Plain English at Work: A Guide to Writing and Speaking

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Oxford University Press, May 16, 1996 - Business & Economics - 304 pages
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Everyday we write countless memos, letters, and reports without a second thought. Likewise, we give presentations, both formal and informal. Often this writing and speaking gets criticized for being jargon-ridden, obscure, or long-winded--in short, for not being in "plain English." But what is plain English, and how do we go about writing and speaking it? In Plain English at Work, Edward Bailey gives the answer, with down-to-earth tips and practical advice. Bailey, an expert in business communication, gives us a simple model for writing:
? Style: write more the way you talk.
? Organization: make your point easy to find.
? Layout: use headings, lists, and other white space so readers can see the structure of your writing. Psycholinguists, Bailey points out, have proven that the techniques of plain English writing are far easier on your readers; experience has proven that writing in plain English is easier on you--the writer, too. Bailey also gives you a wealth of practical advice for presentations including:
? How to remember your talk.
? How to design visual aids.
? How to design computer presentations.
? How to set up the room you'll be speaking in.
? How to develop a successful delivery style. Perhaps most impressive are the many detailed tips he gives here. For instance, when using a pointer, hold it in the hand closer to the screen (otherwise, you turn your back on the audience, making it harder to hear you). When designing a visual aid, use at least 28-point type, and seldom use all capital letters (which are harder to read). And when presenting a bar chart during a computer presentation, build it--a bar at a time--to focus your audience's attention. Drawing on two earlier and popular books, The Plain English Approach to Business Writing and A Practical Guide for Business Speaking, this new volume has been significantly updated. It includes up-to-the-minute information on using computers, computer graphics, and typography for your writing, and on using the same technology for designing your presentations. The result is an authoritative and comprehensive single volume that will be the essential guide for everyone wishing to communicate more easily and effectively at work.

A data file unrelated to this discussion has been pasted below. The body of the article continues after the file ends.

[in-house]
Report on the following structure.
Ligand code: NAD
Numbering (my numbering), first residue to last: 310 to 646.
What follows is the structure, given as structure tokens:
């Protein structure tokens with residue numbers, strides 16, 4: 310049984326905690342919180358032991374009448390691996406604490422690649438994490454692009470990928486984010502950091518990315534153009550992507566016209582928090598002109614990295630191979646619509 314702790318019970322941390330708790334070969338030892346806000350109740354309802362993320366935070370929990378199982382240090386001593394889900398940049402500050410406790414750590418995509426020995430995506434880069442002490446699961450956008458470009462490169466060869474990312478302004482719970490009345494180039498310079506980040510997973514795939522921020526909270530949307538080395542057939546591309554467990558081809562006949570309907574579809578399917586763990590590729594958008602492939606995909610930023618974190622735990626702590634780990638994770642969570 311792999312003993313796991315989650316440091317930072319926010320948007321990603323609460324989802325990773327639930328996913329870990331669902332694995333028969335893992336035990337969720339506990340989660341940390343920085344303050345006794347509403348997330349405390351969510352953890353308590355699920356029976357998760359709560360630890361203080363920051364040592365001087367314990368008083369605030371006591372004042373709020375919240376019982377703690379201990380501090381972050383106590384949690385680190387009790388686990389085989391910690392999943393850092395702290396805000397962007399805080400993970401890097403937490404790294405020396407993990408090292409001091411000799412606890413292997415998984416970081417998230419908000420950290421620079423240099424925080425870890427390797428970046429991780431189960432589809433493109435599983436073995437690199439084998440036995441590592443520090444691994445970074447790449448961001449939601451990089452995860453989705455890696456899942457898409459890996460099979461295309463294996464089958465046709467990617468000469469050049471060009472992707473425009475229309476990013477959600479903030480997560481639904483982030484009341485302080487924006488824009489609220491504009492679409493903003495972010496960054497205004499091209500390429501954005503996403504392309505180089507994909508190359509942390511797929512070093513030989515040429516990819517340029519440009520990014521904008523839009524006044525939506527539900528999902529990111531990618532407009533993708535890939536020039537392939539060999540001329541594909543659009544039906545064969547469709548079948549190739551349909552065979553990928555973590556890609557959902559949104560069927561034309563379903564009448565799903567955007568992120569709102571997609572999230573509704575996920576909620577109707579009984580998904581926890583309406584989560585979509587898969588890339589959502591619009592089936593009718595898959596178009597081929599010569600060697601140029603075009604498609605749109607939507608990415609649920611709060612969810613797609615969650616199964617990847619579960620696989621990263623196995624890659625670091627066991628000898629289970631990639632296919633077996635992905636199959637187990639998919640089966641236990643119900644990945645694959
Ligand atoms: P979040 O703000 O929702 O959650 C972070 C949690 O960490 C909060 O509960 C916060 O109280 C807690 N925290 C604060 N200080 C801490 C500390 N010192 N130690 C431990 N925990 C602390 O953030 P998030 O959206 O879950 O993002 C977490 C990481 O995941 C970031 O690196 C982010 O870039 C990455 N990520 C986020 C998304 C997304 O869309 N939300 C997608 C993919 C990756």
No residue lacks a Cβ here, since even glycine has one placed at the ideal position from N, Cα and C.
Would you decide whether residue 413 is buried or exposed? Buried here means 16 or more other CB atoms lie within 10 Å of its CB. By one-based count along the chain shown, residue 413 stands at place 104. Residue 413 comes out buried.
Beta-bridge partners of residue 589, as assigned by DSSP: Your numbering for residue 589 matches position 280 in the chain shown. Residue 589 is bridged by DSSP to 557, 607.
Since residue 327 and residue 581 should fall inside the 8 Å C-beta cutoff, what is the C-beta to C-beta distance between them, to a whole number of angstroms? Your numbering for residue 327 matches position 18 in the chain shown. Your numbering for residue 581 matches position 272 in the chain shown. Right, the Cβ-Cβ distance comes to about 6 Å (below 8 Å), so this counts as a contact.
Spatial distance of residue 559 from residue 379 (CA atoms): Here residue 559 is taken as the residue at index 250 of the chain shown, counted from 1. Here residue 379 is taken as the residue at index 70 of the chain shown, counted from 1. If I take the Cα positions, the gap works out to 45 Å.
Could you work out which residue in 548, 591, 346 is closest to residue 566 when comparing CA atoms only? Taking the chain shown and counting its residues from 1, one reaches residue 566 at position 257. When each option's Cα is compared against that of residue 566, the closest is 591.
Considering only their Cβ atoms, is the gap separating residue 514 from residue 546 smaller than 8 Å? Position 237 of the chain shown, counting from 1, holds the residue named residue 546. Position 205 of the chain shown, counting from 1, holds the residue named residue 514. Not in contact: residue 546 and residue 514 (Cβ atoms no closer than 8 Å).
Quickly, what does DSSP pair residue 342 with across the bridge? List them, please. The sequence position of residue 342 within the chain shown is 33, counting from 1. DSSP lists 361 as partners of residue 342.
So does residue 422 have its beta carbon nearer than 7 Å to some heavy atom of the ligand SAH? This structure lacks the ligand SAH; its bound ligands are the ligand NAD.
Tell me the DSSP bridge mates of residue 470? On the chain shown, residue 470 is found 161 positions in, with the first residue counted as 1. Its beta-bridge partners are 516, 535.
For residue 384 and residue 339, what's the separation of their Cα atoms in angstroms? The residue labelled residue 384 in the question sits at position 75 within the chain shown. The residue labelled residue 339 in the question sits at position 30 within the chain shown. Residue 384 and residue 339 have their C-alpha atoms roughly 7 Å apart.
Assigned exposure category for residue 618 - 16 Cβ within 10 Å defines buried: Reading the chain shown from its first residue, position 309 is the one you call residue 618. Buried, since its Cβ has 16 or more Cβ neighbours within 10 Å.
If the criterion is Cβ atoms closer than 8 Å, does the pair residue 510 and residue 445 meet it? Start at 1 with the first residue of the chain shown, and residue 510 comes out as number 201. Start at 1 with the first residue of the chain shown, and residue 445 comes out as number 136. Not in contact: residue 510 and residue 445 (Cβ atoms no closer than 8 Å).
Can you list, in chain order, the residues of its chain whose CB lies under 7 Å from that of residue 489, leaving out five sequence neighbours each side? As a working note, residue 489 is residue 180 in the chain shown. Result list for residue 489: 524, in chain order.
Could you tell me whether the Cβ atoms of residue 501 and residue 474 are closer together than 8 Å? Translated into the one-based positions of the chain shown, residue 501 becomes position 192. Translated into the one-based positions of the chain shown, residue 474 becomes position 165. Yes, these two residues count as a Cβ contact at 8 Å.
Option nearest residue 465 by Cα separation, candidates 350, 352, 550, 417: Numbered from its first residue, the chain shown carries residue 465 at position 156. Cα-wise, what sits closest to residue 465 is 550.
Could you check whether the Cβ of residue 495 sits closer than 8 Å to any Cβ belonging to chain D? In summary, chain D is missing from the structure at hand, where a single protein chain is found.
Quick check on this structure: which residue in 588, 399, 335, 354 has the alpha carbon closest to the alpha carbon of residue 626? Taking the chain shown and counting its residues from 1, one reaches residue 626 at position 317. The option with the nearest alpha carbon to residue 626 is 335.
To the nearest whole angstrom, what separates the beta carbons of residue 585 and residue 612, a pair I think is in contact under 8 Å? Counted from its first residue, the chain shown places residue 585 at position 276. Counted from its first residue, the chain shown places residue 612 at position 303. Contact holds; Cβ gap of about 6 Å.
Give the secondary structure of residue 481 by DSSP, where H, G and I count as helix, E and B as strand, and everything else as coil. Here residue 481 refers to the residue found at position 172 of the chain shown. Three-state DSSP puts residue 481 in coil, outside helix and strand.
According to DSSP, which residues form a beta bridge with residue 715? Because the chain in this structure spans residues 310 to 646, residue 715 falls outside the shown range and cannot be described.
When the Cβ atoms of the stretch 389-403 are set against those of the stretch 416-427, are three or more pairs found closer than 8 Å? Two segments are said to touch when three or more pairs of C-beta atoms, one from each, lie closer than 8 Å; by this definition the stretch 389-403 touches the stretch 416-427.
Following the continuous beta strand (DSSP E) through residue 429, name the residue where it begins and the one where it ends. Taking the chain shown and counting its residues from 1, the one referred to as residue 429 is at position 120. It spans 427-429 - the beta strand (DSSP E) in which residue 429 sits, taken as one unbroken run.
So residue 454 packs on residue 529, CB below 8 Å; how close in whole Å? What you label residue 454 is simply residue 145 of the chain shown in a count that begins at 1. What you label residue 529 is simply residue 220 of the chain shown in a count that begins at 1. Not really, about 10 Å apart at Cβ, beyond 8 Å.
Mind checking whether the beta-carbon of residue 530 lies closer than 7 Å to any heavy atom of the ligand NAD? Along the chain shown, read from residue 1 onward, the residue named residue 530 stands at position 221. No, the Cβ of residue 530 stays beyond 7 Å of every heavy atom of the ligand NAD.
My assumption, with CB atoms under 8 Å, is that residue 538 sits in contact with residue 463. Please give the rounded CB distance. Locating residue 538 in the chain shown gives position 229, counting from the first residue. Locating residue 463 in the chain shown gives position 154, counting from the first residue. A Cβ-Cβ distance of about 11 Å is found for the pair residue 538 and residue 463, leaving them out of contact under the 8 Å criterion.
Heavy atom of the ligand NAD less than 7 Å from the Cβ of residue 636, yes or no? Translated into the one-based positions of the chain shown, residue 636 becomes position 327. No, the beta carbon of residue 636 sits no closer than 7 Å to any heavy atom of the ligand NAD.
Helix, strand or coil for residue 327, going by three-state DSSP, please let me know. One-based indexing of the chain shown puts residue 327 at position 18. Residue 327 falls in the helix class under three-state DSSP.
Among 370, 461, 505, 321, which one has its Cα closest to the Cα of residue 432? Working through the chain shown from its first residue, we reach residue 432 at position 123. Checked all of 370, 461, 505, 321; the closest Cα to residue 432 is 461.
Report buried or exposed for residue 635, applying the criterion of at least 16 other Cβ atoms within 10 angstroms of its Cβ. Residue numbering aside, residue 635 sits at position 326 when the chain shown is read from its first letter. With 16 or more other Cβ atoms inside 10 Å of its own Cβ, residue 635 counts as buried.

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Contents

What is plain English writing?
3
writing a readable sentence
9
getting to the point
25
adding visual impact
31
A model for writing
39
MORE ABOUT STYLE
45
Passive voice
47
Abstractness
54
Designing a successful presentation
131
Organizing your presentation
137
Using examples
152
Remembering what to say
158
Choosing visual aids
169
Designing visual aids
182
Designing visual aidsfurther tips
200
Designing computer presentations
211

Punctuation
60
MORE ABOUT ORGANIZATION
67
Blueprint
69
Executive summary
73
MORE ABOUT LAYOUT
79
Typefaces
81
Headings
94
Bullets
103
Graphics
110
FINAL WORDS ON WRITING
115
The writing process
117
Supervising writers
122
SPEAKING CLEARLY EASILY
127
DESIGNING YOUR PRESENTATION
129
Involving your audience and using humor
219
Rehearsing
228
GIVING YOUR PRESENTATION
233
Setting up the room
235
Using effective techniques of delivery
243
Presenting visual aids
250
Handling questions and answers
263
FINAL WORDS ON SPEAKING
269
Helping others speak better
271
Simpler words and phrases
277
Checklist for speakers
281
Checklist for setting up the room
283
Index
285
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About the author (1996)

Edward Bailey has a national reputation as an expert in business writing and speaking. A consultant to top clients in business and government, he is Professor of Business Communications at Marymount University near Washington, D.C.

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